Slowly but surely, higher-income urban pioneers are joining the traditional low-income tenants and homeowners in L.A.'s inner city.
The most visible of the new inner-city projects catering to these tenants are coming developments by Tom Gilmore and Geoff Palmer in the downtown area.
"Both of these projects are spearheading where the market is going, which is not income-restricted," said Donald Spivack, deputy administrator of the Community Redevelopment Agency. "There is a particularly large segment of people in the middle and upper-middle class who would be interested in a downtown living environment."
G.H. Palmer & Associates is developing the largest apartment project in Los Angeles near Seventh Street and the Harbor (110) Freeway downtown. The 658-unit Medici complex, set to open in June, is a low-rise, suburban-style complex with swimming pools, a park and some retail shops.
At the other end of downtown, and perhaps the better-known project, is the Gilmore Associates development at Spring and Fourth streets, a redevelopment of an historic bank building that will result in a series of loft-style apartments targeting a young, artistic crowd.
Spivack divides incoming inner-city residents into three sectors. The most attractive segment for developers are the arty pioneers and trendsetters who want to live in neighborhoods where they feel they can walk around and have conveniences and entertainment at the tips of their fingers.
The second segment is people who want to live close to a Metro station. "You'll be seeing this more in the Mid-Wilshire and Hollywood area. There's going to be a lot of housing being developed in Hollywood due to the extension of Metro," Spivack said.
The third and biggest segment is low-income residents. Housing for this segment of the population is generally, "done with some level of public financing, and virtually all of it is done by nonprofit developers, and most have roots in religious institutions," Spivack said.
More market-rate housing is expected to be developed in the inner city near the new subway lines in areas like Hollywood, Mid-Wilshire and downtown, and a few projects are already underway.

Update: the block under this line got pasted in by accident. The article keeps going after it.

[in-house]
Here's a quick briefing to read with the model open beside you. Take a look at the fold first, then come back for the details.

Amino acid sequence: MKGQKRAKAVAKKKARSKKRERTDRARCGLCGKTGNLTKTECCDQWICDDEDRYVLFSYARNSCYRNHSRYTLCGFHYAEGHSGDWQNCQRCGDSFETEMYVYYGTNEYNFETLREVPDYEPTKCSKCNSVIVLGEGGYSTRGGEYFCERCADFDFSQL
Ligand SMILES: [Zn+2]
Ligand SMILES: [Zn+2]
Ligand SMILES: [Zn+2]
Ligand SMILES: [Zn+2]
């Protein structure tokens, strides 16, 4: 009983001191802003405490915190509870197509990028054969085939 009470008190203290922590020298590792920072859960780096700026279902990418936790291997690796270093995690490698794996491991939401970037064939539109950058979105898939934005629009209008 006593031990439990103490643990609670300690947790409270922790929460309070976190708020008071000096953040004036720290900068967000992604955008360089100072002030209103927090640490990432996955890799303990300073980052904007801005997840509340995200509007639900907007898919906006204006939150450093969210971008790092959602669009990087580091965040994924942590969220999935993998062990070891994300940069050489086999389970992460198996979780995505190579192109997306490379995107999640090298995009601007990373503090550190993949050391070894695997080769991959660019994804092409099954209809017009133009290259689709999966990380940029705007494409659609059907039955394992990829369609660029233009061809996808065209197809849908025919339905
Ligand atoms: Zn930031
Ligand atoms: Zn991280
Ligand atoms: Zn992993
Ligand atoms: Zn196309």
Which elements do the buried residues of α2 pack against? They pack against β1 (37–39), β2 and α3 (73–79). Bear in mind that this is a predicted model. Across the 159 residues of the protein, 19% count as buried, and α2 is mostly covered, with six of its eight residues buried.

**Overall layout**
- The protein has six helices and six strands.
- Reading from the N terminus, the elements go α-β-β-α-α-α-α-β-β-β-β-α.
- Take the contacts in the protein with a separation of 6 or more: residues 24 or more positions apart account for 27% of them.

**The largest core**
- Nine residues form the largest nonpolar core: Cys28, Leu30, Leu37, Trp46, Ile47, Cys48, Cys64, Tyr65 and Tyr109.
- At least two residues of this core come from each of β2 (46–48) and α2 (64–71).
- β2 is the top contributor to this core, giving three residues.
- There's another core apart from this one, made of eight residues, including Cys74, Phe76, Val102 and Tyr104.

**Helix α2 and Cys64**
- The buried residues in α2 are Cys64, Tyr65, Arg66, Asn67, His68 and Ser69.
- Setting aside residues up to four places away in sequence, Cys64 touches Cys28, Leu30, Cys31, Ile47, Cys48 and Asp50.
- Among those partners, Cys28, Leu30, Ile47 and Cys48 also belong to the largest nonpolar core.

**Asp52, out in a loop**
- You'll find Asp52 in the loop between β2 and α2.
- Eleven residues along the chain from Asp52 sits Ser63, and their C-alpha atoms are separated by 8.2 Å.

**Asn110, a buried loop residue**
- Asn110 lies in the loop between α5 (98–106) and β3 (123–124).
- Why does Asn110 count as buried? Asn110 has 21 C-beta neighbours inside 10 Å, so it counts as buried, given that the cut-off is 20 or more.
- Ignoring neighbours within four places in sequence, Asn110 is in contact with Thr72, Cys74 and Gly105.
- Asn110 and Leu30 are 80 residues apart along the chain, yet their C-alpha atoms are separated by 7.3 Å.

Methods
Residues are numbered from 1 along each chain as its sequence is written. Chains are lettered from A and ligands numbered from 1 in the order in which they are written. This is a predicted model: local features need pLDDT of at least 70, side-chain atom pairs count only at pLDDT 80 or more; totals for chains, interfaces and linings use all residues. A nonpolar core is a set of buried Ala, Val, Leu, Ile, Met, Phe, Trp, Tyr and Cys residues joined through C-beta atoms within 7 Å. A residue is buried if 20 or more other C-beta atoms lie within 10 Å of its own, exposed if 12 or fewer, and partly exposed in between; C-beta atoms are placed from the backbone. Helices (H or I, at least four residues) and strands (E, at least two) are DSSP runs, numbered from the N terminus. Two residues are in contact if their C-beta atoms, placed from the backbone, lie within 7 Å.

For example, Academy Village in North Hollywood opened in anticipation of the subway line arriving later in the spring. Two-hundred of the 250 apartments in the project are market-rate and 50 are for affordable housing tenants. In addition, Regent Properties is developing a 300-unit project just south of Hollywood and Vine consisting of 80 percent market-value and 20 percent affordable housing.
Still, many developers are scared off by market-rate housing in inner-city areas.
"I'd love to do market rate. But I don't have confidence enough that I can get the rent to sustain them," said Tom Saffran of Tom Saffran & Associates, a for-profit housing developer that has built a number of affordable housing projects in inner-city areas. "I can't build a one-bedroom apartment for less than $100,000 a unit, and that's in Hollywood where the land is cheaper."
Meanwhile, more developers are recognizing the need to expand the size of their units to accommodate the extended families that tend to live in affordable housing. Rather than ignore the overcrowding problem that comes from extended families living together, which is often the case with low-income tenants, developers and lenders are working out ways to deal with it.
"We're seeing changes in lending. Fannie Mae has changed its underwriting requirements, which reflects extended families," said Neal Richmond, director of UCLA's Advanced Policy Institute, who is doing a study on inner-city housing. Richmond says many lenders are now looking at the income of an entire household, rather than the two primary homeowners, when qualifying families for home loans.
Esperanza Community Housing in South Los Angeles is currently developing four affordable housing buildings. These former slum apartments are being rehabbed with larger units to deal with overcrowding issues. One building originally had 104 units, but now has 44.
Similarly, Hollywood Community Housing is developing a number of buildings with expanded apartments for extended families. The agency's 38-unit building on Normandie Avenue just south of Hollywood Boulevard will include 20 large family units with three- and four-bedroom apartments.
UCLA's Richmond stresses that the need for affordable housing isn't going anywhere, no matter how many market-rate and luxury apartments come on line in inner-city neighborhoods.
"The wave of the future is always more poor people," he said. "There's always going to be incredible growth there."
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